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I'm trying to split a string every X amount of characters, and then store each line in an array of structs. However, I'm wondering what would be a short and efficient way of doing it. I thought that maybe I could use sscanf, but not very sure how to. Any help will be appreciated. So far I have:

#include <stdio.h>
#include <stdlib.h>
#include <string.h>

struct st {char *str;};

int main ()
   struct st **mystruct;

   char tmp[] = "For configuration options (arch/xxx/, and all the files),somewhat different indentation is used.";
   size_t max = 20, j = 0; // max length of string
   size_t alloc = strlen(tmp)/max + 1;

   mystruct = malloc(alloc * sizeof *mystruct);
   for (j = 0; j < alloc; j++)
      mystruct[j] = malloc(sizeof *mystruct[j]);

   const char *ptr = tmp;
   char field [ max ];
   int n;

   while (*ptr != '\0') {
        int line = sscanf(ptr, "%s", field, &n); // not sure how to use max in here
        mystruct[j]->str = field;
        if (line == 1)
            ptr += n;
        if ( n != max )

   return 0;

So when I iterate over my struct, I can get something like:

For configuration op
tions (arch/xxx/conf, and all the C files),some
what different inden
tation is used.
share|improve this question

You could use strncpy.


char field [ max ];
while (...) {
    mystruct[j]->str = field;

Two problems with this: (1) every struct in your array is going to end up pointing at the same string, which will have the value of the last thing you scanned, (2) they are pointing to a variable on the stack, so when this function returns they will be trashed. That doesn't manifest itself visibly here (e.g. your program doesn't explode) because the function happens to be 'main', but if you moved this to a separate routine and called it to parse a string, you'd get back garbage.

mystruct doesn't need to be pointer to pointer. For a 1D array, just allocate a block N * sizeof *myarray for N elements.

A common C idiom when dealing with structs is to use typedef so you don't have to type struct foo all the time. For instance:

typedef struct { 
   int x, y;
} point;

Now instead of typing struct point pt you can just say point pt.

share|improve this answer
could you elaborate a little bit more when you say using strncpy? thanks – demit1501 Nov 12 '10 at 20:21

If your string is not going to change after you split it up, I'd recommend using a struct like this:

struct st {
    char *begin;
    char *end;

or the alternative:

struct st {
    char *s;
    size_t len;

Then instead of creating all those new strings, just mark where each one begins and ends in your struct. Keep the original string in memory.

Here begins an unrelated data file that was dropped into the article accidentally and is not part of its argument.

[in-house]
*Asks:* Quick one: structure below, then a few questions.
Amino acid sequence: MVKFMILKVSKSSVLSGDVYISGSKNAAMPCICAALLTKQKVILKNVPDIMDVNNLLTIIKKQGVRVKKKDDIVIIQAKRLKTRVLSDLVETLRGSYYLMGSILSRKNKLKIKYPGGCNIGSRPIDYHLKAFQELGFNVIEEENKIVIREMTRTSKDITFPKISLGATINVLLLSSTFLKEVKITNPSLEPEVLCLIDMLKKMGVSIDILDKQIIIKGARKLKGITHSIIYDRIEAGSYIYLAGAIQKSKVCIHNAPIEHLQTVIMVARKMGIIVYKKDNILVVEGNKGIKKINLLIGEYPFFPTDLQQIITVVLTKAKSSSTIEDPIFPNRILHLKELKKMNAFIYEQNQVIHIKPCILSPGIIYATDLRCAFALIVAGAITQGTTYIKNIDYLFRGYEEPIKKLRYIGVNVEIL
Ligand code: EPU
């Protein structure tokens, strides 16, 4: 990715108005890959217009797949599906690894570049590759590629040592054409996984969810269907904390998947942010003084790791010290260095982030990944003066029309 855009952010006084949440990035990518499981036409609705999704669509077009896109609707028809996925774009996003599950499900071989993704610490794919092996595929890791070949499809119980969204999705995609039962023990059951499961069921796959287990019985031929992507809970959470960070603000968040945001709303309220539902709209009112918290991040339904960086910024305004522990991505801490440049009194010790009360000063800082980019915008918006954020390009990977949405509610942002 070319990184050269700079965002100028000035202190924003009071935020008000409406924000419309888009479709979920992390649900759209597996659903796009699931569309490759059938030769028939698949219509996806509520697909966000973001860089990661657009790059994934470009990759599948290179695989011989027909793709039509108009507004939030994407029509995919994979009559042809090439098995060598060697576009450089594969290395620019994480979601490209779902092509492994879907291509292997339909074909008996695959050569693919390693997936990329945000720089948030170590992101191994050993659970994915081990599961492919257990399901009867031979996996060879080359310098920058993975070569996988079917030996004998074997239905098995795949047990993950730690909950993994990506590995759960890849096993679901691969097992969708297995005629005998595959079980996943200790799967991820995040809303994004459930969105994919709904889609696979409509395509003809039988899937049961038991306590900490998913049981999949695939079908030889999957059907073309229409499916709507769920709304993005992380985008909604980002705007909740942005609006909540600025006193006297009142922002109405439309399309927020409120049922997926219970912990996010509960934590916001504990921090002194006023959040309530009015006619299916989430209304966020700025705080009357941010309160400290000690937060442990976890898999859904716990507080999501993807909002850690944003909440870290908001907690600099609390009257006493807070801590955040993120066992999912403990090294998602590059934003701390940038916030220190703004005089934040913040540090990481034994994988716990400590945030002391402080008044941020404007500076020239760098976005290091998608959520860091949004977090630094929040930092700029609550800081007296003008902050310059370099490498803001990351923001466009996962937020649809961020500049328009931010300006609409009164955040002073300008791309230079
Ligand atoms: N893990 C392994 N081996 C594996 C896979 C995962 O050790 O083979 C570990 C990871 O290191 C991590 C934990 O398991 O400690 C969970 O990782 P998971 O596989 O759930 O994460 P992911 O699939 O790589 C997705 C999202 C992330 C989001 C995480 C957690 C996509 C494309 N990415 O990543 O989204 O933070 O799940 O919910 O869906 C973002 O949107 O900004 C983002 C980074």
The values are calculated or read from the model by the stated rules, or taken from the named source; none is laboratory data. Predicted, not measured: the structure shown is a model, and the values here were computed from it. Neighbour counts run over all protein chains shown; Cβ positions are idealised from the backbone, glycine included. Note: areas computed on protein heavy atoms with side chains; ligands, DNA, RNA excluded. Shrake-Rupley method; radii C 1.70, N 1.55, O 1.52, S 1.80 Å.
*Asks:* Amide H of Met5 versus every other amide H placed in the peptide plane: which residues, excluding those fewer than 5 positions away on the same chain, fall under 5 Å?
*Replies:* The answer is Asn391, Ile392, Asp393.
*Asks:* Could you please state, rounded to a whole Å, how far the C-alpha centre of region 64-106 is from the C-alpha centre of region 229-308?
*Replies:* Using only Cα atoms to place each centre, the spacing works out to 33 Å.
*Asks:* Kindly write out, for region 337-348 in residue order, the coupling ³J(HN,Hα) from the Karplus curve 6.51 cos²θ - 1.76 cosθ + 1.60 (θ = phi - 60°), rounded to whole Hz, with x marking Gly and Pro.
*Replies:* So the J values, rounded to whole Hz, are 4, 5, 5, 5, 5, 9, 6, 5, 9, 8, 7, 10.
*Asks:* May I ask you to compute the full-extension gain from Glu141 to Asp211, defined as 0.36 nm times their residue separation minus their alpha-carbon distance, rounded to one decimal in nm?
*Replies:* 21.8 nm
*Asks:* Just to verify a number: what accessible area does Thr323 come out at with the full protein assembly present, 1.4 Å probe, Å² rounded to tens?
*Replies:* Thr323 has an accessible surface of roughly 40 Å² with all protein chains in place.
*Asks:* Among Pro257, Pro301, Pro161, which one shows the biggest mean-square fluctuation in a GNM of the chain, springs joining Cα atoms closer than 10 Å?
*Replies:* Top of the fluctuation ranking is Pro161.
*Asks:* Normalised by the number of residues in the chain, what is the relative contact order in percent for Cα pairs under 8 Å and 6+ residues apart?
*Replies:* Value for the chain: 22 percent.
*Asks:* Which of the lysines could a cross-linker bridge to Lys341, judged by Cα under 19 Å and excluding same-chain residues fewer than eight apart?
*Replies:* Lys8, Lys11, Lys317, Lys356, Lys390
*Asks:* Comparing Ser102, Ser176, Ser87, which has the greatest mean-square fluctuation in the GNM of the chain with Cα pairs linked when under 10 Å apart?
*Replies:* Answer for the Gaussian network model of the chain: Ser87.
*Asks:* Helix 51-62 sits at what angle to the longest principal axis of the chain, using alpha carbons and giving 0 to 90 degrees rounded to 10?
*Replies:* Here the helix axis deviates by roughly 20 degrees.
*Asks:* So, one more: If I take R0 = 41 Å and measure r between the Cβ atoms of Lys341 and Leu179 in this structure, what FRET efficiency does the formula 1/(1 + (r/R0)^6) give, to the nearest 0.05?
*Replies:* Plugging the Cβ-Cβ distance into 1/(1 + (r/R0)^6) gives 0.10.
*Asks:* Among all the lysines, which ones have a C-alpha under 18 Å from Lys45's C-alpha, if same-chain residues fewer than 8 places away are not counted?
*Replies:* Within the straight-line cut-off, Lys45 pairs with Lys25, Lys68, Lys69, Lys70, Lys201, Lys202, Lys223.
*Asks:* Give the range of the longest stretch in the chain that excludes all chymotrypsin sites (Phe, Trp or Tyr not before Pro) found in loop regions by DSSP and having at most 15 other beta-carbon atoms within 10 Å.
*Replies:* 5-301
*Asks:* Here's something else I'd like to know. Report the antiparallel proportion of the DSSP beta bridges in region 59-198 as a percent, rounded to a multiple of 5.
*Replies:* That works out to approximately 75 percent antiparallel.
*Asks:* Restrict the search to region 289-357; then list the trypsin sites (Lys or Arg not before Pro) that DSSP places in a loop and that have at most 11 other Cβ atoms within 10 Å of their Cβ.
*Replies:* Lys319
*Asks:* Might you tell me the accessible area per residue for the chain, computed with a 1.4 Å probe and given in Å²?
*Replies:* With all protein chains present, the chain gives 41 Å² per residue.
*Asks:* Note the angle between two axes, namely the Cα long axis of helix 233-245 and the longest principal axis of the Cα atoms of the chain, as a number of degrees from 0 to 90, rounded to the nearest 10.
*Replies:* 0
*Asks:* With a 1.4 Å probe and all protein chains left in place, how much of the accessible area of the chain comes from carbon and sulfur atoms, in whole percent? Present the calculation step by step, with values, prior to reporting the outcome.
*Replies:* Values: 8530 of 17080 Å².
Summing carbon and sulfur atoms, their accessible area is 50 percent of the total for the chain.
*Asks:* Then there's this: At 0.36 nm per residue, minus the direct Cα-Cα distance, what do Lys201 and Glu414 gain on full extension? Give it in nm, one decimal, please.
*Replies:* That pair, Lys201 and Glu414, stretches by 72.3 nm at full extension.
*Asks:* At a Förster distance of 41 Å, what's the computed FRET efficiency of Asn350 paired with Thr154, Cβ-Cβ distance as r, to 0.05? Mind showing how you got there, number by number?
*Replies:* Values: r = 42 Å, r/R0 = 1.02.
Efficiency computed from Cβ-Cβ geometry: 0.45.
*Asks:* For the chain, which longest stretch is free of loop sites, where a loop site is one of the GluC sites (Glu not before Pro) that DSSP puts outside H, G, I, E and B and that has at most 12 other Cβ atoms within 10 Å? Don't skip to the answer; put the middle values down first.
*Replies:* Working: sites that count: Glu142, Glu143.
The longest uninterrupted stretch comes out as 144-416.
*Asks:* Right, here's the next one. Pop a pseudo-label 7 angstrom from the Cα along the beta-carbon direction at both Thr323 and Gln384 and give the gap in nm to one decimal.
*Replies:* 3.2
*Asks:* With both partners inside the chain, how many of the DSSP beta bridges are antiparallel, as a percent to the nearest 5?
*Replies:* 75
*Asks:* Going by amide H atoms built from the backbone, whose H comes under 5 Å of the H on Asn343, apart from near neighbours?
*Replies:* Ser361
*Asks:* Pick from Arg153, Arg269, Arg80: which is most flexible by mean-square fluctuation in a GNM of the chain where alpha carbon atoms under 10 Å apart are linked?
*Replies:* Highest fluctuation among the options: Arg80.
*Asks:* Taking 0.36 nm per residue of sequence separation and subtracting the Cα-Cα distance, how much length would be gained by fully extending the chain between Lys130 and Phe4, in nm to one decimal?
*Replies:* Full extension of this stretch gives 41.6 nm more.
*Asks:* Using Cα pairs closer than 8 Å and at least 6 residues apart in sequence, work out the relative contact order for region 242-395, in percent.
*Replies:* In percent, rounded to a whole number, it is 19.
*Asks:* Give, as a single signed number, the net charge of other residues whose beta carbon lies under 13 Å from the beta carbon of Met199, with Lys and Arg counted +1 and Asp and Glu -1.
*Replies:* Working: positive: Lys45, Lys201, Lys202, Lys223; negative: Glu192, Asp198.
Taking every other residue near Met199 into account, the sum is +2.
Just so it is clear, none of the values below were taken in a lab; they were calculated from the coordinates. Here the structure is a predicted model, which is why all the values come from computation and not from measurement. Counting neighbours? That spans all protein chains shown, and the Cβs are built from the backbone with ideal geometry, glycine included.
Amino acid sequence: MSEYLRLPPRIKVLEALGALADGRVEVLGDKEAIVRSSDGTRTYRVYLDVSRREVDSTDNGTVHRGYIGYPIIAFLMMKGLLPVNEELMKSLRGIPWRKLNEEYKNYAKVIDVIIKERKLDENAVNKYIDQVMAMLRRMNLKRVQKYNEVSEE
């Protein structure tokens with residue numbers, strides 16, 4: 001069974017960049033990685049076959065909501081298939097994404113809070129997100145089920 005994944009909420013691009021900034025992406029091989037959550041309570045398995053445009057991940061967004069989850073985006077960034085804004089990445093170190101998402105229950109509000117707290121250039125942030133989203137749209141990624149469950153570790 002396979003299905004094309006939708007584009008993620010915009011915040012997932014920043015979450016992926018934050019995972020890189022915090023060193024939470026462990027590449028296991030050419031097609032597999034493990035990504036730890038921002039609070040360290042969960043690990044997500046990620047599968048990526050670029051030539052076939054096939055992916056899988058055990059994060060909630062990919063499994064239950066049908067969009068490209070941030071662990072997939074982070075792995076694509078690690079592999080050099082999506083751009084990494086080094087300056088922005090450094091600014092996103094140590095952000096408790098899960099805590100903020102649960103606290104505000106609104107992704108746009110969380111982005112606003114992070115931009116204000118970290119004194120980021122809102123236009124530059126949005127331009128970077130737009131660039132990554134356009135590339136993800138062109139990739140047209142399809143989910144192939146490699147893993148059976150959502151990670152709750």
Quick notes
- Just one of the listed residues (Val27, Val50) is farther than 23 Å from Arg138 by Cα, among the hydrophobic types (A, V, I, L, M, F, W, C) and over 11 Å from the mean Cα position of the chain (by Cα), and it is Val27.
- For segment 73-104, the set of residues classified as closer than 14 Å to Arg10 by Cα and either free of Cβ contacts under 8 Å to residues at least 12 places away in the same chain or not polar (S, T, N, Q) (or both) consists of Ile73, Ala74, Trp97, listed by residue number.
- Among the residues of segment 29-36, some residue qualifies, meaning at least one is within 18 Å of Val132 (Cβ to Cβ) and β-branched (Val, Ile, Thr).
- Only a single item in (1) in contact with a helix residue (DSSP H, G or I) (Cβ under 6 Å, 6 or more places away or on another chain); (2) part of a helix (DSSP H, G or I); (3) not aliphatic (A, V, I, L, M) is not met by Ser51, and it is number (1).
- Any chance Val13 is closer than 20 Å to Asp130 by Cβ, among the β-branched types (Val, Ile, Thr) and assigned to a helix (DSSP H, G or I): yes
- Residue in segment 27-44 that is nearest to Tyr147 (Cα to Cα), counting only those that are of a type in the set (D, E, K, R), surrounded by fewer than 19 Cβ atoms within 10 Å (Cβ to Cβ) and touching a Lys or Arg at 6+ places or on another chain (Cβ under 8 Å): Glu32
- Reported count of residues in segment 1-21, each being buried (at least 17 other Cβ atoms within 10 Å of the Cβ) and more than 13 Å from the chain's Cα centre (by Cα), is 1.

share|improve this answer
I am not fond of these ideas, because in all cases these char * would not point to properly null-terminated strings representing the individual lines. So, for instance, if he were to loop over the structs and call something like printf("%s\n",s.begin), the output would not be as desired. – Dave Costa Nov 12 '10 at 20:08
@Dave: Do this: const char *p = s.begin; while( p != s.end ) putchar(*p++); – Zan Lynx Nov 12 '10 at 20:25
@Dave: Or using the start and len version: printf("%.*s\n", s.len, s.s); – Zan Lynx Nov 12 '10 at 20:28
@Dave: And even one more comment: in this day and age, no C/C++ programmer anywhere should be relying on null-terminated strings. No, no one. – Zan Lynx Nov 12 '10 at 20:30
+1, I'd use the second version of the struct. You can always make a "real" string from it by using strncpy to a buffer of size len + 1 and appending the '\0' yourself (or sprintf with %.*s). – Martin Broadhurst Nov 12 '10 at 22:05

One option is to do it character-by-character.

Calculate the number of lines as you are currently doing.

Allocate memory = (strlen(tmp) + number_of_lines) * sizeof(char)

Walk through your input string, copying characters from the input to the newly allocated memory. Every 20th character, insert a null byte to delimit that string. Save a pointer to the beginning of each line in your array of structs.

share|improve this answer

Its easy enough?

#define SMAX 20
typedef struct {char str[SMAX+1];} ST;

int main()
  ST st[SMAX]={0};
  char *tmp = "For configuration options (arch/xxx/, and all the files),somewhat different indentation is used.";
  int i=0,j;
  for( ; (st[i++]=*(ST*)tmp).str[SMAX]=0 , strlen(tmp)>=SMAX; tmp+=SMAX );

  for( j=0;j<i;++j )

  return 0;
share|improve this answer

You may use (non C standard but GNU) function strndup().

#define _GNU_SOURCE
#include <string.h>

struct st {char *str;};

int main ()
   struct st *mystruct; /* i wonder if there's need for double indirection... */

   char tmp[] = "For configuration options (arch/xxx/, and all the files),somewhat different indentation is used.";
   size_t max = 20, j = 0; // max length of string
   size_t alloc = (strlen(tmp) + max - 1)/max; /* correct round up */

   mystruct = malloc(alloc * sizeof mystruct);
   if(!mystruct) return 1; /* never forget testing if allocation failed! */

   for(j = 0; j<alloc; j++)
      mystruct[j].str = strndup(tmp+alloc*max, max);
share|improve this answer

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